What Are the Side Effects of Ginseng?

Ginseng acts as a stimulant for some people, causing nervousness and insomnia. Long-term use or high doses may cause stomach upset, headaches, dizziness or other symptoms. Breast tenderness and menstrual changes may occur in women who use ginseng for a long period. There have also been some reports of allergic reactions to ginseng.

A doctor should be consulted before ginseng is taken with other medications. For example, ginseng can impact blood sugar levels, and therefore it could impact the drugs taken by diabetics. It also may interact with warfarin and with some medicines for depression

To avoid the potential side effects, some experts suggest that ginseng shouldn't be used for more than three months, or sometimes just a few weeks, at a time. A doctor may recommend taking periodic breaks of a week or more from using ginseng. Since the stimulant effect of ginseng may be amplified by caffeine, coffee and similar beverages should be avoided. Ginseng is not recommended for children or for women who are pregnant or breastfeeding.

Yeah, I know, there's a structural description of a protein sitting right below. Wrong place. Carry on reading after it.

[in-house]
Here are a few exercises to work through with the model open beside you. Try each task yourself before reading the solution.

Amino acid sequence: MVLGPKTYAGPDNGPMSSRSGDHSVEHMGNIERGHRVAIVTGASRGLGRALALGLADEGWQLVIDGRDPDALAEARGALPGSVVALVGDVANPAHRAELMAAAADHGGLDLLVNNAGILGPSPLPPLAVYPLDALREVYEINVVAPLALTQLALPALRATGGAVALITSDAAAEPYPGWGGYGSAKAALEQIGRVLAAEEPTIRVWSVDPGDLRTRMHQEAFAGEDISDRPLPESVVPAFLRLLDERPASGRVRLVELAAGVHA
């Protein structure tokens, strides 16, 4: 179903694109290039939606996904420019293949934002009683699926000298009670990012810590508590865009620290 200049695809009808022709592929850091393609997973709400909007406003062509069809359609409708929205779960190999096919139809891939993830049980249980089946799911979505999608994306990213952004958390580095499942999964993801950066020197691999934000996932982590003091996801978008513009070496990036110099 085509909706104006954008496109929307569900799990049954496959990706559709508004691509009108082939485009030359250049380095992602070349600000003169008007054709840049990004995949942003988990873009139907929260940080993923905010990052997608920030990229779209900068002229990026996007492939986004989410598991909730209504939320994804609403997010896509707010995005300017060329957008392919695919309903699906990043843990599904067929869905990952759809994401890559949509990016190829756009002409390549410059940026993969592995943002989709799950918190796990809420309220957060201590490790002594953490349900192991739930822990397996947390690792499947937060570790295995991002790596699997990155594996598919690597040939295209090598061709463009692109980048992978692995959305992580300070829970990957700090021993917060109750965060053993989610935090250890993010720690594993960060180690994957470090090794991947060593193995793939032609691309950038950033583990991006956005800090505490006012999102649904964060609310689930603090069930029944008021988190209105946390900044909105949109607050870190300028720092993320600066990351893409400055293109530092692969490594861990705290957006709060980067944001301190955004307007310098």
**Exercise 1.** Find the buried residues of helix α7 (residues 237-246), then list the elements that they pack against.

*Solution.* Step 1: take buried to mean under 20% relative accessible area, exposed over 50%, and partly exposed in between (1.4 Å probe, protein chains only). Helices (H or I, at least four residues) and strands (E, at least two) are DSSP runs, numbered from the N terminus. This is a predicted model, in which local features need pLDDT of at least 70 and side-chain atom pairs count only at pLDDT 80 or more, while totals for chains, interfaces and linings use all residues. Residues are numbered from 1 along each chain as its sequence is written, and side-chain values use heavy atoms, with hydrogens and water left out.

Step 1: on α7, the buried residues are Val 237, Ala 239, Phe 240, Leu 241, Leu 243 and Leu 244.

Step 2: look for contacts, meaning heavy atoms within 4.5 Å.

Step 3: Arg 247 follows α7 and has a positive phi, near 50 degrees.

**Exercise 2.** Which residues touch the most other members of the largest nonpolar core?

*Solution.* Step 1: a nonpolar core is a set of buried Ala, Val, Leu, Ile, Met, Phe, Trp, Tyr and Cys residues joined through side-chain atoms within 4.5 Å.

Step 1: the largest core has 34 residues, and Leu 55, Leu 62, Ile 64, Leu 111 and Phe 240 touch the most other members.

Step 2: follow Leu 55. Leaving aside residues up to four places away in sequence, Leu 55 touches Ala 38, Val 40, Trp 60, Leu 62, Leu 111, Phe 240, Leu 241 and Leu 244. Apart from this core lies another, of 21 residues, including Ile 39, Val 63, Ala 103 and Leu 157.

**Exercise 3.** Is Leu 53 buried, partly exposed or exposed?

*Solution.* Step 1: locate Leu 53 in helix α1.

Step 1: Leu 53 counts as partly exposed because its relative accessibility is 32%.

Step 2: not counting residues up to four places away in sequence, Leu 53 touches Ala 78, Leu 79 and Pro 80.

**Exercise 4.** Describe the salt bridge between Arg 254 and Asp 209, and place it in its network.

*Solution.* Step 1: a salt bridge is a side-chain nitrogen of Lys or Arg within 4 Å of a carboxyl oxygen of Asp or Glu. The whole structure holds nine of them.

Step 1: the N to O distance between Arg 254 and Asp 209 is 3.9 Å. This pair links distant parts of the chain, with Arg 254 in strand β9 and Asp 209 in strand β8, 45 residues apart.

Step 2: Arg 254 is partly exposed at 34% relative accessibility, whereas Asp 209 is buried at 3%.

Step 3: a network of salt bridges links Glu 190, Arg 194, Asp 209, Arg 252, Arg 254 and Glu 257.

Ginseng is one of the most popular herbal medicines in the world. The potential benefits include improvements to the immune system, lower blood sugar and improved concentration. However, standard doses of ginseng have not been established for any condition.

American ginseng is possibly effective in the treatment of diabetes and respiratory infections, but there is insufficient evidence to rate it for other medical conditions, according to MedlinePlus. Asian ginseng is possibly effective for treating Alzheimer's disease, chronic obstructive pulmonary disease, high blood pressure and sexual conditions, including erectile dysfunction.

Asian or Panax ginseng should not be confused with American ginseng, WebMD says. The site lists different uses for the two types of ginseng, some of which overlap, especially in the area of anti-inflammation and boosting the immune system. Asian ginseng is considered more stimulating, while American ginseng is used as an aid to relaxation.

Conclusive evidence of the efficacy of the two main types of ginseng in fighting cancer, heart disease, high blood pressure, erectile dysfunction and hepatitis C has not been found, but researchers have found some promise in the root, according to WebMD. Some studies show ginseng helps modestly with learning and concentration. While some studies of ginseng's use in lowering blood sugar, boosting the immune system and fighting disease show some positive results, its benefits in most medical uses are inconclusive.